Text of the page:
On Friday evenings about 35 people meet up at Union Pizza in the small southeastern Alabama town of Union Springs to discuss important matters, such as how to properly reglaze a banged-up window, which stain to use on heart-pine floors, or whether or not to restore plaster walls. Welcome to the Newcomer's Club, an informal group from places as far away as New York City and even Belize, whose members have relocated to this struggling small town for one reason: to buy, fix up, and live in one of its many magnificent homes. Once a thriving cotton and railroad town, Union Springs went from a population of 30,000 at the turn of the 20th century to a struggling community of just 3,000 by the turn of the 21st. The newbies are hoping to turn their adopted town around. The Houses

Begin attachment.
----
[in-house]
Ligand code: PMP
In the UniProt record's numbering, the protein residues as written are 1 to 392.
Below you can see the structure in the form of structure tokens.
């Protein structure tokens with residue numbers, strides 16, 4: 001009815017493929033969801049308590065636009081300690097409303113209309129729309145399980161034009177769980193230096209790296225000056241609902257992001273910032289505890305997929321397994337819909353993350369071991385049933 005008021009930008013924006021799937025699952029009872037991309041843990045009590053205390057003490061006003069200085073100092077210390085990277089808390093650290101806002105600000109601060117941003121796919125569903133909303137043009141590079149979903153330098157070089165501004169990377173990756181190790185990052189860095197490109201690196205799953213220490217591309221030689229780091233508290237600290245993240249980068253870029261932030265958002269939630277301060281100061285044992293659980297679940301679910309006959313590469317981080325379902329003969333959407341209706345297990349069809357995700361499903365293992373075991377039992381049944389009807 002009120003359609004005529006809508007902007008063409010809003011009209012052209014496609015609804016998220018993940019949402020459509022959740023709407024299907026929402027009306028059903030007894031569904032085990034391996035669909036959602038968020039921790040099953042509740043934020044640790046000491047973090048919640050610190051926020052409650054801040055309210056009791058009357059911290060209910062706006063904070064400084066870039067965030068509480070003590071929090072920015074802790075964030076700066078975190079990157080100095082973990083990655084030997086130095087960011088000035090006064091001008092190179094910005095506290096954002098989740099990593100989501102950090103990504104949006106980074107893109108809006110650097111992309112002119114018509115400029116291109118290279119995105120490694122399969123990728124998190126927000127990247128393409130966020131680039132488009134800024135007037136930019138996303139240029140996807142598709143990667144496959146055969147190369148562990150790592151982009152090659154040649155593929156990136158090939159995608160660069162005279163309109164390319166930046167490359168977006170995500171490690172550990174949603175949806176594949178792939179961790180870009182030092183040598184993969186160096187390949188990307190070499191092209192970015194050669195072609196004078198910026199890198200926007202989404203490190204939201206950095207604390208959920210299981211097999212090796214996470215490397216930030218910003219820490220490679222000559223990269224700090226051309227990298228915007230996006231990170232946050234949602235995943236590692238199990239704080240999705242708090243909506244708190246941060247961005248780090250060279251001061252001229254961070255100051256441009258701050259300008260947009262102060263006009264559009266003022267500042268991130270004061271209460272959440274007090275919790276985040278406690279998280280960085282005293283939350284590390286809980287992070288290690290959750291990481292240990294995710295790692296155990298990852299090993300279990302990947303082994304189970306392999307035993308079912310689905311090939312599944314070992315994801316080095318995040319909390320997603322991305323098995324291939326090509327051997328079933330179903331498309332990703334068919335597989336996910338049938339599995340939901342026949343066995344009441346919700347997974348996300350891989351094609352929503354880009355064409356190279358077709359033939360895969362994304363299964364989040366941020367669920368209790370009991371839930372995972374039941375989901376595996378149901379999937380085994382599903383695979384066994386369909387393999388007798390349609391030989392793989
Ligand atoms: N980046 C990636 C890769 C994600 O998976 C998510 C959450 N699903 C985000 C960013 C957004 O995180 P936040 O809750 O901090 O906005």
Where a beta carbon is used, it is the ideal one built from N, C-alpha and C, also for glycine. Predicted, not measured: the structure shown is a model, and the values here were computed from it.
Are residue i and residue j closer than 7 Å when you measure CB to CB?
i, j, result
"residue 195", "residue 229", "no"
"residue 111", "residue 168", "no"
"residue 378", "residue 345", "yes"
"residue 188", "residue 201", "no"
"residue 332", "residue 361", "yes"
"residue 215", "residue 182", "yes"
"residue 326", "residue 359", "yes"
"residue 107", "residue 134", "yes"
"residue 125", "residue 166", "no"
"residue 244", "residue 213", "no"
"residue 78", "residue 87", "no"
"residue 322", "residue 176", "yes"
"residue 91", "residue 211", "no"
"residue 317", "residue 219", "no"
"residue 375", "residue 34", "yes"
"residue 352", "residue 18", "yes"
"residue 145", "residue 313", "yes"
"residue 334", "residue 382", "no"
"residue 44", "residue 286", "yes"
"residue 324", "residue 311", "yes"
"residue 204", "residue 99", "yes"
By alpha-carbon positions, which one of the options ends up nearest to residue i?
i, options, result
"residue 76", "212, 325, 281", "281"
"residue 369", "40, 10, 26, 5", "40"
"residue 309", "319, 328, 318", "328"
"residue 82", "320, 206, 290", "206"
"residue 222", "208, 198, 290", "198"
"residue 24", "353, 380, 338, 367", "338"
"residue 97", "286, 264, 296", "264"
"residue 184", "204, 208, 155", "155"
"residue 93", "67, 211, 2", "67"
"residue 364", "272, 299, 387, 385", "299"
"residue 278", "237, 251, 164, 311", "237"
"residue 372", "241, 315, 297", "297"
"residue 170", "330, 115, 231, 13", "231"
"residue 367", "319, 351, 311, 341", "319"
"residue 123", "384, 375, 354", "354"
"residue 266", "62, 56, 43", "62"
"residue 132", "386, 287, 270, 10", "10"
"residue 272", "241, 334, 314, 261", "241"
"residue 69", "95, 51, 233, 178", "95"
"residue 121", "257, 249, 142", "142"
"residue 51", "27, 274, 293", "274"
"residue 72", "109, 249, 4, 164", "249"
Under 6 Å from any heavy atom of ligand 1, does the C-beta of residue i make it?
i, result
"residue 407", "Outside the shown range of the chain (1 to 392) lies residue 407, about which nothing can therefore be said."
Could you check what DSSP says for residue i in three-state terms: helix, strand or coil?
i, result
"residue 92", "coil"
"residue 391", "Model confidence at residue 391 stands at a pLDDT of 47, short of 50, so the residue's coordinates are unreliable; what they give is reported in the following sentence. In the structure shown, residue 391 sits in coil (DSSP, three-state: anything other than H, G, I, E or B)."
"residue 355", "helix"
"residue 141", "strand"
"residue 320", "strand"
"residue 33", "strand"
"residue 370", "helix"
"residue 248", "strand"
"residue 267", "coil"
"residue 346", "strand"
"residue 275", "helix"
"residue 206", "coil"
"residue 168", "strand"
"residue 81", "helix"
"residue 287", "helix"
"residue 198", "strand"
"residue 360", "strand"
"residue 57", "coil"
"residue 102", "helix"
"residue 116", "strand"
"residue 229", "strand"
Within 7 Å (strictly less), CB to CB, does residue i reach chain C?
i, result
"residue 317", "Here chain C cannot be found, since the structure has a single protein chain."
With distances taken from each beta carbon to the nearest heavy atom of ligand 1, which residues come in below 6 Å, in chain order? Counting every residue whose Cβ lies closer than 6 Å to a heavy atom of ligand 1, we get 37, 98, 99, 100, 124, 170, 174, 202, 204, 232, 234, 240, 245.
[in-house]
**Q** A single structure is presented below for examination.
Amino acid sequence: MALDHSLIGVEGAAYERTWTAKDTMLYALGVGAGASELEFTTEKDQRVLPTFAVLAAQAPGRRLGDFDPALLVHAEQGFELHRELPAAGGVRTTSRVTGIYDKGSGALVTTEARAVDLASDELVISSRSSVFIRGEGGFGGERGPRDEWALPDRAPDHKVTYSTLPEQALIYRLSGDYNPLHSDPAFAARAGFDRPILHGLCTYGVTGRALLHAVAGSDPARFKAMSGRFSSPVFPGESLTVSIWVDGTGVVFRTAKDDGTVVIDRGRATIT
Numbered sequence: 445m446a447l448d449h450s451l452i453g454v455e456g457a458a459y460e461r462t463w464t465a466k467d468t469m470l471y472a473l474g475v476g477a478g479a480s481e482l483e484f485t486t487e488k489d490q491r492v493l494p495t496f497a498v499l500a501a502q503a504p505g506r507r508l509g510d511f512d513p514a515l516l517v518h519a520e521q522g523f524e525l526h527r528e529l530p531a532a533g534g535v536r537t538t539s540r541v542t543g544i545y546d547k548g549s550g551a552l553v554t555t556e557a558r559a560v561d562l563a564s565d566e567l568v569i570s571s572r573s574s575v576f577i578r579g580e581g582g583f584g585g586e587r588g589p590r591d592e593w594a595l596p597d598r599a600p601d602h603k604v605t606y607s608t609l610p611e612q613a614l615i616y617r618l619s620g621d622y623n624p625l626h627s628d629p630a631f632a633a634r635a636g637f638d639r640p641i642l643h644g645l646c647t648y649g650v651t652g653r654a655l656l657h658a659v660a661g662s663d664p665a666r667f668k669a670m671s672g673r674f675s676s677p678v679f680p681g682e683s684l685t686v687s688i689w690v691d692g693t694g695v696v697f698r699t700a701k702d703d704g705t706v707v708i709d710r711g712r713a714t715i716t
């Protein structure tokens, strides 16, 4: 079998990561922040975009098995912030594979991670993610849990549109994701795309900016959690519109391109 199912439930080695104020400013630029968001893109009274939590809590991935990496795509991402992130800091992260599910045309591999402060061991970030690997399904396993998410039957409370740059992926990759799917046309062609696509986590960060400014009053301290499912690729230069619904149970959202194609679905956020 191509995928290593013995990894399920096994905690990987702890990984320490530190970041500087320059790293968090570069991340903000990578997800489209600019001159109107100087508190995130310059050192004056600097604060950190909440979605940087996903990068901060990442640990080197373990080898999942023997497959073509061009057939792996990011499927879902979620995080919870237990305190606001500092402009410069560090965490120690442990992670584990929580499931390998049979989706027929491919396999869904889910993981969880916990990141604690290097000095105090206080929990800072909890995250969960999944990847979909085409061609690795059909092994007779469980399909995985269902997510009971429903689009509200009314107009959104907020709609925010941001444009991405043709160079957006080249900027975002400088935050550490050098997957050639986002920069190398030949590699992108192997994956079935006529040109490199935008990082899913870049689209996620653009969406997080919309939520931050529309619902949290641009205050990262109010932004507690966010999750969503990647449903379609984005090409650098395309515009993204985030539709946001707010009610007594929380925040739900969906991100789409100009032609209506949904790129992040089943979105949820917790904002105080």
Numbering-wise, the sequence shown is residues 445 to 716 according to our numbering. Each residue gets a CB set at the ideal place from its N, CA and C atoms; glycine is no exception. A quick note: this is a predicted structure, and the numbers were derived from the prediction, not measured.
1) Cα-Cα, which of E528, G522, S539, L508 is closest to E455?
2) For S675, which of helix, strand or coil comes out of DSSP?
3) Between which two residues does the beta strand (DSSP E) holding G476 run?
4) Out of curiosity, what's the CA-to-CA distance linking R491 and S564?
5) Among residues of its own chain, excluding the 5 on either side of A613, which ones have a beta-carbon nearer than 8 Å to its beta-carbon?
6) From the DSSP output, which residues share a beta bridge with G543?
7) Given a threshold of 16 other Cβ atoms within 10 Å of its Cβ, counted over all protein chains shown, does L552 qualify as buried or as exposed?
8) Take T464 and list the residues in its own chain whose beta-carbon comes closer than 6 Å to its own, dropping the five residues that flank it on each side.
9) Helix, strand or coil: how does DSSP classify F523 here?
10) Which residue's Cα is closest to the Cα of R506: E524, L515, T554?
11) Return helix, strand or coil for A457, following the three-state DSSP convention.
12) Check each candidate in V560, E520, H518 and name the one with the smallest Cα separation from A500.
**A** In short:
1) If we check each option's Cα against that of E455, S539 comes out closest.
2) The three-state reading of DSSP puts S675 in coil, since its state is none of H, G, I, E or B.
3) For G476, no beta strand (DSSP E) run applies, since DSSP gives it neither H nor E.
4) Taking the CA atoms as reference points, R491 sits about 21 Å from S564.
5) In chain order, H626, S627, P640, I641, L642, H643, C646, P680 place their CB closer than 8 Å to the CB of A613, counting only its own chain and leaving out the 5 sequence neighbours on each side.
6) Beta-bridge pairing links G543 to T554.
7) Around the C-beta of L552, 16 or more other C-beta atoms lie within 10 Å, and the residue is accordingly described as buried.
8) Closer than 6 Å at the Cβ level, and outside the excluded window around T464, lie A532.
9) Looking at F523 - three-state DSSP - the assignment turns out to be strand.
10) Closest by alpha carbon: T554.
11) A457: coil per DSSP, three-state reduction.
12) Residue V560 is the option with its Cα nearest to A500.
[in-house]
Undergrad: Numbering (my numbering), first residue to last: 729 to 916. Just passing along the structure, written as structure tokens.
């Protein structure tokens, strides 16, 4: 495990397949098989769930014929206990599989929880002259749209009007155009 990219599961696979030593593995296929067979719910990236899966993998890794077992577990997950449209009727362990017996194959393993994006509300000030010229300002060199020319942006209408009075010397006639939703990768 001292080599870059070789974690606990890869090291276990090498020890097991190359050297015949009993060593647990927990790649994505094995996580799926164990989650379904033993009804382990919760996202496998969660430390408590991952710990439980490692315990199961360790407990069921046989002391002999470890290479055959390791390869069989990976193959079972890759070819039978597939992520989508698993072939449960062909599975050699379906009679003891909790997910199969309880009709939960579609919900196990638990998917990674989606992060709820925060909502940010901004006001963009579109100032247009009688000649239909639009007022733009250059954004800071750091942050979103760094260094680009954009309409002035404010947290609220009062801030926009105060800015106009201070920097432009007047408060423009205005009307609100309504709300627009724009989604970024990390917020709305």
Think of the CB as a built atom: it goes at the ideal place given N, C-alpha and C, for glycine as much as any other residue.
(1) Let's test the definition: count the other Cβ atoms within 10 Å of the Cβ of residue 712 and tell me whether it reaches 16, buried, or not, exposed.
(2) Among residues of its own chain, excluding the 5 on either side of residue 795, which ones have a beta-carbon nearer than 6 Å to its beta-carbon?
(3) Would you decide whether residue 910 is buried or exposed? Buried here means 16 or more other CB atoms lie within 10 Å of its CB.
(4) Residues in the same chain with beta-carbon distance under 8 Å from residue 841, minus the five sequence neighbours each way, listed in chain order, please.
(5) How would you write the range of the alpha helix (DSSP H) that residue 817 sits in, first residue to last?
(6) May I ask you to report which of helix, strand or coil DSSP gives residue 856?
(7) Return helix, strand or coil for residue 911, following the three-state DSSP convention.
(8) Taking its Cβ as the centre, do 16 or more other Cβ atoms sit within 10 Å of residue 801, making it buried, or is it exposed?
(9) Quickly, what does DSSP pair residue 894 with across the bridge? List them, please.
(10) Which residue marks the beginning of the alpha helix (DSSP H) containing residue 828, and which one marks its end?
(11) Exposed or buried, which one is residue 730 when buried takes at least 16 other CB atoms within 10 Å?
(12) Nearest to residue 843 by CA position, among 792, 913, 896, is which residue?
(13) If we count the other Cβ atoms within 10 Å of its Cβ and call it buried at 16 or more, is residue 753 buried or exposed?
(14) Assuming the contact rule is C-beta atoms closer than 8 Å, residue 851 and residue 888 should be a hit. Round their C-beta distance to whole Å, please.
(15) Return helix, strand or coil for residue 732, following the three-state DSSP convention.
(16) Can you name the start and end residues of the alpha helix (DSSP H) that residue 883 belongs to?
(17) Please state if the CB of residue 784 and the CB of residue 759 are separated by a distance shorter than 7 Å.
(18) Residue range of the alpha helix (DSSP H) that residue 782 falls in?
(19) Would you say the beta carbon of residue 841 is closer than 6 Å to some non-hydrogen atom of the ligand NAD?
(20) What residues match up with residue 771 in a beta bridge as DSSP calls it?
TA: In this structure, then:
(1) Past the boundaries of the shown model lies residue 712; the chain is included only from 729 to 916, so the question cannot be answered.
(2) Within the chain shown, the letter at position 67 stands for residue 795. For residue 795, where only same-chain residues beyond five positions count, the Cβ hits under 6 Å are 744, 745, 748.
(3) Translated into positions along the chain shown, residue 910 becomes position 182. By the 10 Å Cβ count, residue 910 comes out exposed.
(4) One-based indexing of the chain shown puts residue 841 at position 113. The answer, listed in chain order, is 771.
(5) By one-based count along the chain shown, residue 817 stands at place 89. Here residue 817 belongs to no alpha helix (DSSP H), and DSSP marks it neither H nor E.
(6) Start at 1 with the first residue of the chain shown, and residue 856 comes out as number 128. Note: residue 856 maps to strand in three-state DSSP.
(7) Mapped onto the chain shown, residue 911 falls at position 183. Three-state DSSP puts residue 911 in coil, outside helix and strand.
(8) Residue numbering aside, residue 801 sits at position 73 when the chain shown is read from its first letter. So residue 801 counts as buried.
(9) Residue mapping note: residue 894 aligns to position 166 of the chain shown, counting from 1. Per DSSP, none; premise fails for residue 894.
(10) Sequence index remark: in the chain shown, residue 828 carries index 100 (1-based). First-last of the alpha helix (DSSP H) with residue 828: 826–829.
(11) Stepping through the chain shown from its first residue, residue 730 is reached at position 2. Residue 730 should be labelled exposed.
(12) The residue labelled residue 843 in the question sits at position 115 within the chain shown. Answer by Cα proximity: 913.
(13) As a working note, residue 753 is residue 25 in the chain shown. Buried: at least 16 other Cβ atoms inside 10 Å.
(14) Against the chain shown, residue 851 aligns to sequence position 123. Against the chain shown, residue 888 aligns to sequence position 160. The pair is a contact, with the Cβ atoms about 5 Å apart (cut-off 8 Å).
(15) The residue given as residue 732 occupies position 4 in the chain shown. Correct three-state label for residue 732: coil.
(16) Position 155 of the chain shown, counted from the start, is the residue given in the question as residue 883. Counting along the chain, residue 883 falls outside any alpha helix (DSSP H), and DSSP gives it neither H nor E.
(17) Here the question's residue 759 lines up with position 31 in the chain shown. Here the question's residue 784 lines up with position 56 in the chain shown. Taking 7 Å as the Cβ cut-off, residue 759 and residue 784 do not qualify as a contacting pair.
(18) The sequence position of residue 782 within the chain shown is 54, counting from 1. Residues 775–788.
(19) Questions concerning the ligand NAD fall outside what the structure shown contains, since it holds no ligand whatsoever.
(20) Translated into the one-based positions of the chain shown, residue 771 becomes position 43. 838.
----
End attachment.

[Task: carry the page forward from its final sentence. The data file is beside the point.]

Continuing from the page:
The showiest homes are the elaborate late-1800s Queen Annes, which feature lots of gingerbread, wraparound porches, and even the occasional turret. Walking through town you can pick and choose from among dozens of homes and buy one for as little as $50,000. "A lot of the people who come here to see one particular house end up buying a different one," says local Realtor Joyce Perrin.Why Buy Now?
In the decade before the recent recession, Union Springs saw more than a modest amount of investment in its older homes. Those who moved here then remain committed to the town, turning historic abandoned buildings into bakeries, restaurants, galleries, and shops.
Among the best for: Bargains
, Small Town